There are a lot of monasteries around Bodhanath but the ambience was pretty touristy. Up on a hill in the West of the city is Mingyur Rinpoche's gompa (the locals call it yellow gompa) but again they just seem to be getting on with whatever they are getting on with and beyond that there are 2 more but those are closed to the public since the earthquake. Theres a few more around Swayambunath but I didn't get the impression they were particuarly meditative. 

I've thought about going out to Bhaktapur to namo buddha on my return but its a little way out of the city and I just don't know what to expect when you get there. I actually ended up receiving teaching from the Bonpo gompa Triten Norbutse but I felt very lucky to have got to do so, me and one other girl were the only Westerners who I saw being taught anything in the whole 4 months I was there and even then I felt that it was predicated on giving English lessons in return. I wasn't staying in the Gompa or anything so it felt like there was some give and take going on.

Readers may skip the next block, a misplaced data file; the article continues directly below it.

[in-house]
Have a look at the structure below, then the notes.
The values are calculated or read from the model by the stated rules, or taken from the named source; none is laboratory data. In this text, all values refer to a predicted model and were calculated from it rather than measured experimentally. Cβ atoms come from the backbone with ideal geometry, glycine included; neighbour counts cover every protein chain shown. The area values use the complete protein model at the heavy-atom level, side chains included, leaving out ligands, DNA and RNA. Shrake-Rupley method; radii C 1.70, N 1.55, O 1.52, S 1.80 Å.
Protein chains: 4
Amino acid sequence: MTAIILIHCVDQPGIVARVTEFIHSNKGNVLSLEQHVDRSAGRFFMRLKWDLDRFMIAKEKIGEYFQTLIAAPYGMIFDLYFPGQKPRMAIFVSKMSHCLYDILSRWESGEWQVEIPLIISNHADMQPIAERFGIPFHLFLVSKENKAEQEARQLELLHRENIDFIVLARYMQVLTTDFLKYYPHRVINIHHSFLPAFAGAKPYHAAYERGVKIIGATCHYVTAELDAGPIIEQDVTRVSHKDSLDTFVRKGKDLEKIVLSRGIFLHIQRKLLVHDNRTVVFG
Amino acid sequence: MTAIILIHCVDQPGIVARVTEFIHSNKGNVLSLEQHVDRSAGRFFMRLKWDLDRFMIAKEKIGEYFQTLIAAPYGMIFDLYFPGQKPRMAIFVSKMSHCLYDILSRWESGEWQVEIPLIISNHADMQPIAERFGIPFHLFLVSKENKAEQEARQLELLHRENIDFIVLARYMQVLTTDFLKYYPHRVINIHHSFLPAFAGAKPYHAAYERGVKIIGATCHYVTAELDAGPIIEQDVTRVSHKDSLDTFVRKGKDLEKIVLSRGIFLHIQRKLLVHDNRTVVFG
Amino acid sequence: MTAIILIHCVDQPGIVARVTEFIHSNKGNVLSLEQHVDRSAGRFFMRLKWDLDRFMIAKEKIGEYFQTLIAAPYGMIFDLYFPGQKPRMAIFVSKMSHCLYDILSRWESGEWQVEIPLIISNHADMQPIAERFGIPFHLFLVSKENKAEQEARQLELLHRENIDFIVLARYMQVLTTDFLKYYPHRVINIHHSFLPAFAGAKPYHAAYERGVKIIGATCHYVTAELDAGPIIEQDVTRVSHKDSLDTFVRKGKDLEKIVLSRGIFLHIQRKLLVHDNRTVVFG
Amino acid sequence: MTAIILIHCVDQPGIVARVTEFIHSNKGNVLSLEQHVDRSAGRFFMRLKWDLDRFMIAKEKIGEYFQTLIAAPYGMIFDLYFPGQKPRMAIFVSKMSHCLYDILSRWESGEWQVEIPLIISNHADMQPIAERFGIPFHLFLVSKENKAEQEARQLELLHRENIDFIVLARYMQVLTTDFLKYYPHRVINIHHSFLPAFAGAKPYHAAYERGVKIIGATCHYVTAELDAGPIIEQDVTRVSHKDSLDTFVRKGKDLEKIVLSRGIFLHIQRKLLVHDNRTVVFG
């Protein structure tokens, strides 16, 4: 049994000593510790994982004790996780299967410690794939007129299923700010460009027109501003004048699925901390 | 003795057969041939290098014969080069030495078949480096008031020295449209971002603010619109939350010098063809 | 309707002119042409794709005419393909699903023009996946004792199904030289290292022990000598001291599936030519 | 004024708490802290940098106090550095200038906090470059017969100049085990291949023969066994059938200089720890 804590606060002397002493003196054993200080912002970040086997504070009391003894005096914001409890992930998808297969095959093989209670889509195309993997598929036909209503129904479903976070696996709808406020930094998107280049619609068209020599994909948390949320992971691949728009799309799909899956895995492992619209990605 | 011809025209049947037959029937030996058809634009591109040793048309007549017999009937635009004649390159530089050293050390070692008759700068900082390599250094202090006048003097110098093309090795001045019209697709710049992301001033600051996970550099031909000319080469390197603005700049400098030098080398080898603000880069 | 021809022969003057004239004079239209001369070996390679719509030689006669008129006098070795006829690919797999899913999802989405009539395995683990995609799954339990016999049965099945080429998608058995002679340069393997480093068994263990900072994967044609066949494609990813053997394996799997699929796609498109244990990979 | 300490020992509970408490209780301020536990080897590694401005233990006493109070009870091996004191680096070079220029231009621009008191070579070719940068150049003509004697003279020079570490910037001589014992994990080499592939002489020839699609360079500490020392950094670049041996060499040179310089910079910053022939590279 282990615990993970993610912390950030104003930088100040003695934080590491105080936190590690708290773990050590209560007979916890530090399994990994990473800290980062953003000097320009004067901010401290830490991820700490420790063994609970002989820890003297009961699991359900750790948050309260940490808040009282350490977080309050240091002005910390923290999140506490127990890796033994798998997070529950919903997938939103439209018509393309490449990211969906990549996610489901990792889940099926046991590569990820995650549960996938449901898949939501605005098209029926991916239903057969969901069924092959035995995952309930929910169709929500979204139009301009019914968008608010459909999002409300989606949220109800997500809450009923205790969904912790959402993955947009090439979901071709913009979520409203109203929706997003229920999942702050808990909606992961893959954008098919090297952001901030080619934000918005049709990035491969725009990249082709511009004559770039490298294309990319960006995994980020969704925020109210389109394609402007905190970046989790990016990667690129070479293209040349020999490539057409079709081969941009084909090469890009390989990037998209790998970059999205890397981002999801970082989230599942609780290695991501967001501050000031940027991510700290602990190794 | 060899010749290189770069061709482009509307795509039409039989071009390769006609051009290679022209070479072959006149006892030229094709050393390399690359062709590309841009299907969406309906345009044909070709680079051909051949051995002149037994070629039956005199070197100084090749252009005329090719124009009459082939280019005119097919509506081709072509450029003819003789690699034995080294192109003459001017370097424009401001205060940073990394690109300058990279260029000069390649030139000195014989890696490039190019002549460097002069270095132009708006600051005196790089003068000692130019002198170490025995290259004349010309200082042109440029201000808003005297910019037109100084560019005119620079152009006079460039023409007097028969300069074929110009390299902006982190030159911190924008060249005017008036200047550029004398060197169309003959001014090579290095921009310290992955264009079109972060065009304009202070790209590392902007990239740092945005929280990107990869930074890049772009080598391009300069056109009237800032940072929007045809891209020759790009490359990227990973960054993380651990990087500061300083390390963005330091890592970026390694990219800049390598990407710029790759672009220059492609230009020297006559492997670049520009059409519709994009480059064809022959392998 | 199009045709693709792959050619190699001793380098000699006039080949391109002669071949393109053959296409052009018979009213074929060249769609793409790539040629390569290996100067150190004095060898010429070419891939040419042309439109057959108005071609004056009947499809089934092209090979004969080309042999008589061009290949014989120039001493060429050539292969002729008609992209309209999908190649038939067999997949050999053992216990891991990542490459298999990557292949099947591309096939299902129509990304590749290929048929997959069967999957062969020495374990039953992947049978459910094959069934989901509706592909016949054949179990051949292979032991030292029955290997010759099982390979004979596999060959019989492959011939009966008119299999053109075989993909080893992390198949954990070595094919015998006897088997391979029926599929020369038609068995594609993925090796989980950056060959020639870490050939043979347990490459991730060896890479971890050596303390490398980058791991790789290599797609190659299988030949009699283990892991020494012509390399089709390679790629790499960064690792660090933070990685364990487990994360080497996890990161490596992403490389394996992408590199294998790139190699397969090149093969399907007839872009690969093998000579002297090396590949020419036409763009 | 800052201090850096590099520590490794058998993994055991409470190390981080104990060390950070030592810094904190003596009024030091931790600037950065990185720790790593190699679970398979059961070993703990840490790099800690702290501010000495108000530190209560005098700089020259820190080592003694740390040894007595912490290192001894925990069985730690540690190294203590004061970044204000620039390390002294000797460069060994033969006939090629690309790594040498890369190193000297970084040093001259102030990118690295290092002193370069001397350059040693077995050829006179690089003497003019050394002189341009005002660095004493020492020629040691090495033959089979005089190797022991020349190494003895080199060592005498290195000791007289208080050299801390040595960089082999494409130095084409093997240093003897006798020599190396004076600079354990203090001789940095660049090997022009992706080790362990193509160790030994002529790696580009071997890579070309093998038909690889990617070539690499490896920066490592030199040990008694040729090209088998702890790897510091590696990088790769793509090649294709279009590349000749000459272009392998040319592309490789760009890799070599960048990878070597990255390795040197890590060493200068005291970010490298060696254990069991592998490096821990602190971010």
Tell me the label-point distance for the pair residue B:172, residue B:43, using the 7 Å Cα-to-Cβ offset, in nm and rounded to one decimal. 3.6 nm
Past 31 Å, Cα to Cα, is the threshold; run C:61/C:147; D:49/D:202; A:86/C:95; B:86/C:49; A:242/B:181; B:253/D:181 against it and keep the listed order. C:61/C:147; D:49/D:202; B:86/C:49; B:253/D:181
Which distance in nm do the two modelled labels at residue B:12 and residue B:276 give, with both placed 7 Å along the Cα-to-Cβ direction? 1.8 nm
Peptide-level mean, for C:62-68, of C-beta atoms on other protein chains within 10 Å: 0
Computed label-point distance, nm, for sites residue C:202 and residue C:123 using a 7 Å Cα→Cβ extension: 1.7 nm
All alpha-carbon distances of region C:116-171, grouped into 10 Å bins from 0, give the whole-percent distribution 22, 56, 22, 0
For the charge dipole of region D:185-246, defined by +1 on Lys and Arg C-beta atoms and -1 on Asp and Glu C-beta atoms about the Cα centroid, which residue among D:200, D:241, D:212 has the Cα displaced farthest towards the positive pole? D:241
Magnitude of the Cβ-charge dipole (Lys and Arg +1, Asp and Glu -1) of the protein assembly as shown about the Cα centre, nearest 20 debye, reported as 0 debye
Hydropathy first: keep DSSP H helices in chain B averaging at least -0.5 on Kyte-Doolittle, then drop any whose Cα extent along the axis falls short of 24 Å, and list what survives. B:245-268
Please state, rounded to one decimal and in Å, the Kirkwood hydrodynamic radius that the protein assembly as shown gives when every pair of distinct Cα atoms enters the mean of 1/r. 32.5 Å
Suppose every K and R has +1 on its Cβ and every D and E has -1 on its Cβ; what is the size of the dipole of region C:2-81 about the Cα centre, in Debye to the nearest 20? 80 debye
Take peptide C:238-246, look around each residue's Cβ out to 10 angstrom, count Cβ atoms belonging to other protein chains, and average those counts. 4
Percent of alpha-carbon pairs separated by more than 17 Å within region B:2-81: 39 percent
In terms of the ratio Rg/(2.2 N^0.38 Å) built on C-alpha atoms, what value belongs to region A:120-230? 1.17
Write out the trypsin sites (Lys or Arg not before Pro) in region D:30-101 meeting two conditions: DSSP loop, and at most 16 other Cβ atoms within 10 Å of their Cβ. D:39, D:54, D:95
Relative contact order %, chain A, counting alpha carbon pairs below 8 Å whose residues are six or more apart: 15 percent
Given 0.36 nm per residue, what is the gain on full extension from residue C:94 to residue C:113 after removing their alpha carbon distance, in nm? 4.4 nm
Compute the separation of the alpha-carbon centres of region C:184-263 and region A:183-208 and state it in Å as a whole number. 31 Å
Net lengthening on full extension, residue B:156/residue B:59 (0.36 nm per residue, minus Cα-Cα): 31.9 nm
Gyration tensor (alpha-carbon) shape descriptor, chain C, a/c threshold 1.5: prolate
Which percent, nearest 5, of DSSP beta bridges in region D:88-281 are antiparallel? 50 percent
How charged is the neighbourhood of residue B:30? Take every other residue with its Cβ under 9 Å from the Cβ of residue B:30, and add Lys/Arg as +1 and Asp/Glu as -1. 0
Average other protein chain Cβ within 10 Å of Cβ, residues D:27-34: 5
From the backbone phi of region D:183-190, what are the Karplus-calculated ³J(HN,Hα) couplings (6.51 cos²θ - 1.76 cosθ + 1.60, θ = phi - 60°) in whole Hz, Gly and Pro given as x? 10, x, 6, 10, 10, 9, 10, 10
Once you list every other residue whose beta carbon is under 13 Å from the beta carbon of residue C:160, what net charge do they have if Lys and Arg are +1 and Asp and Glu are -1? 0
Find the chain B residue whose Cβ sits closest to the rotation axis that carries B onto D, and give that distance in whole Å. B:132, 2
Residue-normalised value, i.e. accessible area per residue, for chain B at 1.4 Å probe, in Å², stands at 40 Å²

Most people if you mention you are interested in meditation will tell you to check out Goenka or Kopan monastery but Goenka you don't need to go as far as Kathmandu to take part in and Kopan seemed pretty, urm, touristy? mushroom culture? that was my impression from their online prescence anyway.

In Lumbini you have the panditarama which I always hear good things about but that is Vipassana of course.